“For any culinary herb, any herb you’re using for food, the flower also is edible. If you’re going to the trouble to make a nice herb garden, use the flowers. Pinch them off and toss them in a salad, or use them as a garnish on top of a tray of roasted vegetables. The flower tastes just like the culinary herb with a mixture of sweet nectar. A flowering herb is a delicious thing, and it offers a fairly straightforward way to begin exploring edible flowers.”
Heller sells most of her harvest at Uptown Farmers Market in Phoenix. Some restaurants have standing orders with her, and she’s not afraid to reach out to others to let them know about her seasonal bounty.
“I don’t try to sell to every restaurant because I’m an army of one,” she says. “I have to be kind of choosy about who I connect with in terms of getting my flowers in their kitchens or in their bakeries.”
Donald “Hollywood” Hawk runs the James Beard Award-nominated Valentine in Phoenix.
“Whatever Emily has, I buy,” he says. While the restaurant doesn’t use a lot of flowers in its menu, “we do buy the lablab [hyacinth bean] flowers, and her hibiscus is fantastic. The reason we buy from her is she grows everything, but it’s not hydroponically done. Everything is incredibly flavorful, and you can tell the passion that she puts into it.”
When it comes to incorporating the flowers into his dishes, Hawk uses a tried-and-true — and simple — method: “We taste them, and then we fit them into wherever that flavor needs to go,” he explains. “Some we’ll turn into vinegar; others we’ll put directly on plates. They definitely can add to the dish.”
For Heller, including edible flowers in a meal is a way to let your dining companions that you care about them.
“British chef Jamie Oliver says, ‘Garnish your food to show your guests that you appreciate them.’ By adding flowers, you’re taking that extra step to present your food very beautifully,” she points out. “Edible flowers aren’t just for big resorts or fancy chefs. You can use them, too. They can be an everyday lovely thing to add to a lot of dishes at home.”
Emily Heller’s Top 5 Edible Flowers to Plant in March
Hollyhock: This mainstay of country cottage gardens, these impressive stalks covered in glorious infusions of pink, purple, yellow, blue, orange, red and white blossoms can shoot upwards of 8 feet tall, so while they are low maintenance, they do require space to grow. They also attract a variety of pollinators. “The hollyhock produces an almost a satellite dish-type flower. It’s big and wide open,” Heller says. “It’s not especially tasty, but it’s a very pretty garnish. I suggest using the flower as a receptacle for a dip or sauce.”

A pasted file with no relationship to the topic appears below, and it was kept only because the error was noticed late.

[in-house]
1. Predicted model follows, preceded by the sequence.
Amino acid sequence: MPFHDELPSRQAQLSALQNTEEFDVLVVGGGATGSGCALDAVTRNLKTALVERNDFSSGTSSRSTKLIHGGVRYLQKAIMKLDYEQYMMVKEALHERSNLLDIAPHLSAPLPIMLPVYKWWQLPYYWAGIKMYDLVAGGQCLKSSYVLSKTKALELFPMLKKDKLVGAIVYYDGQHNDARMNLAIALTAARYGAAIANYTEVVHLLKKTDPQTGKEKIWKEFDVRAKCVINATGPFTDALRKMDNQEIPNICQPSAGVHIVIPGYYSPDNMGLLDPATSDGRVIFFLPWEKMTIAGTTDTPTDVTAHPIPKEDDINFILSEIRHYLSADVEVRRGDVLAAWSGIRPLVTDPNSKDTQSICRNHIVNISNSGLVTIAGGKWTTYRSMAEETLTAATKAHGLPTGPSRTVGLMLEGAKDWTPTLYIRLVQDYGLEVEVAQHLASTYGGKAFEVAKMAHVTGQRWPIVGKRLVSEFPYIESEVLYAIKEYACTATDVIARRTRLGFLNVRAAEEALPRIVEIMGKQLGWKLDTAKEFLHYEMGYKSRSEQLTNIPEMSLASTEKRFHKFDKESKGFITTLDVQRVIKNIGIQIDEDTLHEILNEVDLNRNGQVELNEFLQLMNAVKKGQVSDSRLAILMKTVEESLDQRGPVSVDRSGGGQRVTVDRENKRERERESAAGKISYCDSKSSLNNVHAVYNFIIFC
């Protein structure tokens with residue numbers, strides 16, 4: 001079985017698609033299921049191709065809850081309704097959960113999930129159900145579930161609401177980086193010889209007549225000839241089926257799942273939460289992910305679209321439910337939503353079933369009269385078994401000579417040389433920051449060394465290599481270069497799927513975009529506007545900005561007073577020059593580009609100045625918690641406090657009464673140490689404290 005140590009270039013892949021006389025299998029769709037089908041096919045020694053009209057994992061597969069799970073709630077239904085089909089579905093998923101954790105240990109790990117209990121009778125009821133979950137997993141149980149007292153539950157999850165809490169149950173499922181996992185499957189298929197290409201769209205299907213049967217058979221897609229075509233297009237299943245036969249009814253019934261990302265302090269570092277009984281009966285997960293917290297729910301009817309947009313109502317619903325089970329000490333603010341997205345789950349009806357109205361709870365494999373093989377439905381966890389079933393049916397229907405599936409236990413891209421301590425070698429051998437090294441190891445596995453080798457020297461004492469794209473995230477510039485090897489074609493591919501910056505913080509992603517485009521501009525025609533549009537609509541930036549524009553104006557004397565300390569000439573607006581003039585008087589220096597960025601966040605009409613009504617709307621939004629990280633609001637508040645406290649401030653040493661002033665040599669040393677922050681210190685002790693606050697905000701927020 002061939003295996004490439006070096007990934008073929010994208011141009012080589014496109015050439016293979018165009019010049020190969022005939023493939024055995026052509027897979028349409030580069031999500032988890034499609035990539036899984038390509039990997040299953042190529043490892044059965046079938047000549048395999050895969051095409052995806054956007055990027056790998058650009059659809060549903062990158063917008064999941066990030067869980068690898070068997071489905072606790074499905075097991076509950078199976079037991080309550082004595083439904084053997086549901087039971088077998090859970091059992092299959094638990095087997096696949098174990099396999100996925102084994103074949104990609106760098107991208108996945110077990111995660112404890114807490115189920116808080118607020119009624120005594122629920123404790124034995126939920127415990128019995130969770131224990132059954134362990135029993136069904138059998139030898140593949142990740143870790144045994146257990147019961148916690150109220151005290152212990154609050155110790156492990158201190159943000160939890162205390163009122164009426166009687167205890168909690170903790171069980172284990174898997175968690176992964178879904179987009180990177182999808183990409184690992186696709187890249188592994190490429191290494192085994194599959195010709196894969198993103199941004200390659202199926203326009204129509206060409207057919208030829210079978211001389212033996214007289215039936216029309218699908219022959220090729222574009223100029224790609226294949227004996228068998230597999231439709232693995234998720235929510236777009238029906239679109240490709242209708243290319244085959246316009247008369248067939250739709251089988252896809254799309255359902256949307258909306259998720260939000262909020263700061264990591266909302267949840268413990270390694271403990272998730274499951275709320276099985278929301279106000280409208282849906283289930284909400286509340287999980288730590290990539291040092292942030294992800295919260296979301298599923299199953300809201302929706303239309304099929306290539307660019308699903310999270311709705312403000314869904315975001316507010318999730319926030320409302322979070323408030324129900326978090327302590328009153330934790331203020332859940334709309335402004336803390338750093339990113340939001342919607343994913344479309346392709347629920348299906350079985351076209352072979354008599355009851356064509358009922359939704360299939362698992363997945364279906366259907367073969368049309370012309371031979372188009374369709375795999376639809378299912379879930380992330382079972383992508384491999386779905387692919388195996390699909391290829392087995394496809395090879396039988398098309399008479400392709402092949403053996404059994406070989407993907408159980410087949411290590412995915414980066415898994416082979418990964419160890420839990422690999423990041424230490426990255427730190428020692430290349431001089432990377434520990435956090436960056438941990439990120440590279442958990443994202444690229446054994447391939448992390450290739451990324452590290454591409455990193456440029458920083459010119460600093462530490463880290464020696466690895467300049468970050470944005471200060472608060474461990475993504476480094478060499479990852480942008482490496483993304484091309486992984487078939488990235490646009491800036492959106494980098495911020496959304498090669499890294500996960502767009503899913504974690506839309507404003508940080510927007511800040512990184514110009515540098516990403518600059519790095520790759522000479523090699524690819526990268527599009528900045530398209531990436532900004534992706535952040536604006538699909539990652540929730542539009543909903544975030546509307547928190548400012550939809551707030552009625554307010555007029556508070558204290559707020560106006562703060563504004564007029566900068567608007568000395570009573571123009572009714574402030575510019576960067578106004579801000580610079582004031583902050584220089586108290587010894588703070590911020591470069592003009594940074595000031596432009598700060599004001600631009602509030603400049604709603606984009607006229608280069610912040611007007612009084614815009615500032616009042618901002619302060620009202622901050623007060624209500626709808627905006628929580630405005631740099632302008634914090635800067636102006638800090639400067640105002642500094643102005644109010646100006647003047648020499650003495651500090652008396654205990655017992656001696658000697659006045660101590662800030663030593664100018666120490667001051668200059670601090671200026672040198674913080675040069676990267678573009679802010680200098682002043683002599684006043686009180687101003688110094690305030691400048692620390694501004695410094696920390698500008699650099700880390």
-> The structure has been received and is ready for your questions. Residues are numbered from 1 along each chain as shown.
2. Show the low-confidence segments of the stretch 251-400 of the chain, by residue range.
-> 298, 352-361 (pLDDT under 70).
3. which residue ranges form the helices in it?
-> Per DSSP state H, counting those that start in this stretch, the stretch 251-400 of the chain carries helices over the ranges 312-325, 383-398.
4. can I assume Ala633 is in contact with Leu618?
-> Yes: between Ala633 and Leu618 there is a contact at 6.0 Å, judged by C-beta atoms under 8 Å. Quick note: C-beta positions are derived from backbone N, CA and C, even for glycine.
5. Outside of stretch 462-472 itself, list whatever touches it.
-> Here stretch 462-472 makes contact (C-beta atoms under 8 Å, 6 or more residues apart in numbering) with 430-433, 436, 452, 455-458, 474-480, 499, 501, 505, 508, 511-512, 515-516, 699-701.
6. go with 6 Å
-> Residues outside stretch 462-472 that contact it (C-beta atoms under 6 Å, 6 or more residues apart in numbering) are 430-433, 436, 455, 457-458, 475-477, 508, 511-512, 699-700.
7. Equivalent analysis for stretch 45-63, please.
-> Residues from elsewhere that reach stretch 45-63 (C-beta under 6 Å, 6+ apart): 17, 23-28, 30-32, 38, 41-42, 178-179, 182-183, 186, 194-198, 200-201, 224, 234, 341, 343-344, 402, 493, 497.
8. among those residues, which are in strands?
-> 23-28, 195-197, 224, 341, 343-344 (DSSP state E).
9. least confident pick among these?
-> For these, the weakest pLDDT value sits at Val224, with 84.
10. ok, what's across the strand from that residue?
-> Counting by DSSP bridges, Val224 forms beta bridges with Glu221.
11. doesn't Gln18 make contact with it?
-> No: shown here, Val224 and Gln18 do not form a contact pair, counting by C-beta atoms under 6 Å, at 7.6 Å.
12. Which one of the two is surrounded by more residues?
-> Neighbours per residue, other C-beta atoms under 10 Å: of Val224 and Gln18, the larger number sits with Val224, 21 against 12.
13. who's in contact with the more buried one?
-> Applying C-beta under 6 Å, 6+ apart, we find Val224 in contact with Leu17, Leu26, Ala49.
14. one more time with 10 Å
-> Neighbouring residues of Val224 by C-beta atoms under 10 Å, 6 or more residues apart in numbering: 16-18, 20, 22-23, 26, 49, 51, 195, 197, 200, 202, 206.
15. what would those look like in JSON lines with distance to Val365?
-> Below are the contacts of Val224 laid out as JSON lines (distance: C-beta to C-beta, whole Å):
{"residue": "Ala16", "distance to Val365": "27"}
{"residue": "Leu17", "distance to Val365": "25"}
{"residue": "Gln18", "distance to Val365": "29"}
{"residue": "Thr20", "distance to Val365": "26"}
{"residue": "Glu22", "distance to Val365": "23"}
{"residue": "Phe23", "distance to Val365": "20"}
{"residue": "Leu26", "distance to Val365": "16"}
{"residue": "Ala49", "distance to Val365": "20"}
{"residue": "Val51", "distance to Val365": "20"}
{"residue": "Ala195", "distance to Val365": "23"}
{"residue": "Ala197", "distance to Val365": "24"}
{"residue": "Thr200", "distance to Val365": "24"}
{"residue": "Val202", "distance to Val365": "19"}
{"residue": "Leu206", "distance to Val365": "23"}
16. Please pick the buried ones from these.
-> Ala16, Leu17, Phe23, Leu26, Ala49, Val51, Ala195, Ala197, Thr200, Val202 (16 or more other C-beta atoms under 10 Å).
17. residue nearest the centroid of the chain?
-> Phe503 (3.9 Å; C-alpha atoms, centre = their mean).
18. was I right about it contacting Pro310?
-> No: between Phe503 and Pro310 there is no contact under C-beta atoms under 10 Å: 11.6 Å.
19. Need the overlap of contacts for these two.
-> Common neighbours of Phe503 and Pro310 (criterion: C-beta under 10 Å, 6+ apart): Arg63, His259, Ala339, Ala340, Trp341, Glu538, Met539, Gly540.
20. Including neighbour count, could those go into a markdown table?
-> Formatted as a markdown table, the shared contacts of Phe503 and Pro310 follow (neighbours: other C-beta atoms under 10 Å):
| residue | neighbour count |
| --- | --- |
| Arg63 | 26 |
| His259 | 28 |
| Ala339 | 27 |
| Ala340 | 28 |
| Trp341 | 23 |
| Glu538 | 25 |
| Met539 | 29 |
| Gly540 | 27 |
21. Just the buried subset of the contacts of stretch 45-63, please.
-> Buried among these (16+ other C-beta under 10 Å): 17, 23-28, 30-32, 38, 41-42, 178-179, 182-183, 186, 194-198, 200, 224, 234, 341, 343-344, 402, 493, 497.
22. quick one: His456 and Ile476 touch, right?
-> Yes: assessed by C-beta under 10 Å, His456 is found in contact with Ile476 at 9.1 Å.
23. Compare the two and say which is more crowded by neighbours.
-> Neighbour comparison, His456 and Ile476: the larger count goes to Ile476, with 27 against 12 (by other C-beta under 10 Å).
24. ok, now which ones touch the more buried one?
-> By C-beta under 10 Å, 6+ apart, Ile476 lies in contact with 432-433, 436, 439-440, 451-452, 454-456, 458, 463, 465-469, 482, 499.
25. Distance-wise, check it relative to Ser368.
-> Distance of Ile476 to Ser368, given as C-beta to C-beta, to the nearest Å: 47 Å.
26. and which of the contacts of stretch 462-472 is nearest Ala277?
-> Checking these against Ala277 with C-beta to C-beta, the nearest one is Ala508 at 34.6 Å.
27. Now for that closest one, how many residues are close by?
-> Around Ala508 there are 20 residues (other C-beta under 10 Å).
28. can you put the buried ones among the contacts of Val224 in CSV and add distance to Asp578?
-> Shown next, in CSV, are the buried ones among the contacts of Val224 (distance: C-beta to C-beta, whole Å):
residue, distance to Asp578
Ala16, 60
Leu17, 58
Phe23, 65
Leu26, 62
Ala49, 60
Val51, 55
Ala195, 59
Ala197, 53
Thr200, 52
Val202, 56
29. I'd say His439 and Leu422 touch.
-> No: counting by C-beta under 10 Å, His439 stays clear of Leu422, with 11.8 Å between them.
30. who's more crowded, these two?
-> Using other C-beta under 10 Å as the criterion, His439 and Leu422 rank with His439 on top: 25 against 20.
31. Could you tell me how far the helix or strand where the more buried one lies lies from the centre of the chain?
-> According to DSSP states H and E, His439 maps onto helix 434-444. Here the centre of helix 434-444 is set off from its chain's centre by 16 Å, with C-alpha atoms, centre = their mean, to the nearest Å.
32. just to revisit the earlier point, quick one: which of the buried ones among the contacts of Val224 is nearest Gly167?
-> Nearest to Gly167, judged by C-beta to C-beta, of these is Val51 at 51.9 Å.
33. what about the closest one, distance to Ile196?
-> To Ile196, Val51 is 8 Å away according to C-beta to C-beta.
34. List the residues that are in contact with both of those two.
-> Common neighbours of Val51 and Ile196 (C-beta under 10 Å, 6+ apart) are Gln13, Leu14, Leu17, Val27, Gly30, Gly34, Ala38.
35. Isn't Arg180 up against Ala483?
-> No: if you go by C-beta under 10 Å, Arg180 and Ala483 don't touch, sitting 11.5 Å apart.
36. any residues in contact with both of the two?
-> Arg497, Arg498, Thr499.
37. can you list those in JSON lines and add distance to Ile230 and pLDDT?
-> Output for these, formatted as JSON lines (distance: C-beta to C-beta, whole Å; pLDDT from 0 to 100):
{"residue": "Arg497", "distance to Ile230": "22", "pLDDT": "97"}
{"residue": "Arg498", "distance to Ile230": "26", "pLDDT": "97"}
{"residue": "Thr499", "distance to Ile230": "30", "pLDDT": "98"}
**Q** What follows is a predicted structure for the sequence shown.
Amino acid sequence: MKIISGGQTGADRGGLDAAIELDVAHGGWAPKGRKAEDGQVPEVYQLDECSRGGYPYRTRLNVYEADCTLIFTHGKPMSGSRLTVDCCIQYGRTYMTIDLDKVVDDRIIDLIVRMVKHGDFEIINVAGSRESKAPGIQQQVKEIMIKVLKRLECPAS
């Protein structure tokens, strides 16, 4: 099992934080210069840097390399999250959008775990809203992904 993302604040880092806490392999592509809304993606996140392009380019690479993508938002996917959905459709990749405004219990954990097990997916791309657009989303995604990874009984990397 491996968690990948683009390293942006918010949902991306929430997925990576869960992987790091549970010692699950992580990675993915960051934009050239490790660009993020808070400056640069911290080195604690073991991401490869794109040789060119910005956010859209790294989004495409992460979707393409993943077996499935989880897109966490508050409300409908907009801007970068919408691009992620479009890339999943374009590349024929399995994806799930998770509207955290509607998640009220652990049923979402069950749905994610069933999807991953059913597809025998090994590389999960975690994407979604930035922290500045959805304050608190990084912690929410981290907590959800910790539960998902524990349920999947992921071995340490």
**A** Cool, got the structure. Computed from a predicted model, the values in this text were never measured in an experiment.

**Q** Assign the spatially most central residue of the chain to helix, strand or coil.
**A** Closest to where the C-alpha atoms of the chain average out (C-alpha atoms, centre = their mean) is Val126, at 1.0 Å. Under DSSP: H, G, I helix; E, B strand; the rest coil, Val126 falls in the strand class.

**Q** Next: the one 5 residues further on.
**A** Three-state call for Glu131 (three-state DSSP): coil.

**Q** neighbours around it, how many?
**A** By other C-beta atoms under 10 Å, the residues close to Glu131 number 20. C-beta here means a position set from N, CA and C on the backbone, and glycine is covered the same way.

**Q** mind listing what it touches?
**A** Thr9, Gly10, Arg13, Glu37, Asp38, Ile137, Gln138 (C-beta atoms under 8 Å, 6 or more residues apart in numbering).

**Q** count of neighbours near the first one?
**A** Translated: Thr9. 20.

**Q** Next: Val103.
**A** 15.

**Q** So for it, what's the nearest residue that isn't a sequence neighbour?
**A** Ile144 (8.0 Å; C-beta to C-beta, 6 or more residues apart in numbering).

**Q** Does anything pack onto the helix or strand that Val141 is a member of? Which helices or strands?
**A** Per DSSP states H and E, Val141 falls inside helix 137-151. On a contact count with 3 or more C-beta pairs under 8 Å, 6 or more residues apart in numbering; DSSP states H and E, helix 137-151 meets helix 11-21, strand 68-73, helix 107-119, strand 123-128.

Zinnia: These showy blooms are especially attractive, with layers of vibrant petals. They’re easy to grow in planters or raised beds, and they thrive in sunny areas. They’re also prolific — cut them, and they’ll continue to grow back throughout the season. However, the flowers, while edible, are quite bitter in flavor. “This is not a flower that you want to take a chip out of, but it’s basically nontoxic and it makes a pretty garnish,” Heller notes. Use the entire flower as a decorative element on cakes or add the petals to water and freeze for colorful ice cubes.
Marigold: “There are two categories of marigolds,” Heller says. “One that tastes medicinal, and then the other type, which has a spicy, citrusy taste.”.The easy-to-care-for, drought-resistant signet marigold, also known as golden or lemon marigold, produces copious bright yellow, orange or paprika-hued flowers. The blooms not only look pretty, but they can be chopped up and used in a manner similar to tarragon. “Signet marigolds are very pleasant and have a little citrus zing,” Heller adds.
Basil: One of the most commonly used herbs, basil — in particular, sweet basil — is an integral seasoning in Italian cuisine. But did you know that you can also eat the plants’ flowers? The tiny white, pink or purple blossoms have a fragrance similar to the leaves and a slightly bitter taste. Heller grows purple basil in her gardens, but these aromatic ornamentals also look good in pots or window boxes. “You can use your flowers as well as the foliage in your food,” Heller says. Add the flowers as a garnish, infuse them in vinegar or olive oil, or brew freshly cut blooms into a tea.
Sunflower: The tall stately plants with the large yellow blooms are beloved for their tasty, healthy seeds that can be eaten as a snack, added to salads and baked goods for some extra crunch, or blended into a creamy paste that’s a delicious nut-free alternative to peanut butter. “Sunflowers are kind of bitter, but you can pluck off the petals and sprinkle them in a salad,” Heller suggests. “That way, you wouldn’t taste much of the bitterness, and the petals would add a gorgeous and exciting pop of color. Plus, sunflowers are so easy to grow here in the Valley. They basically need just full sun and water on a regular basis.”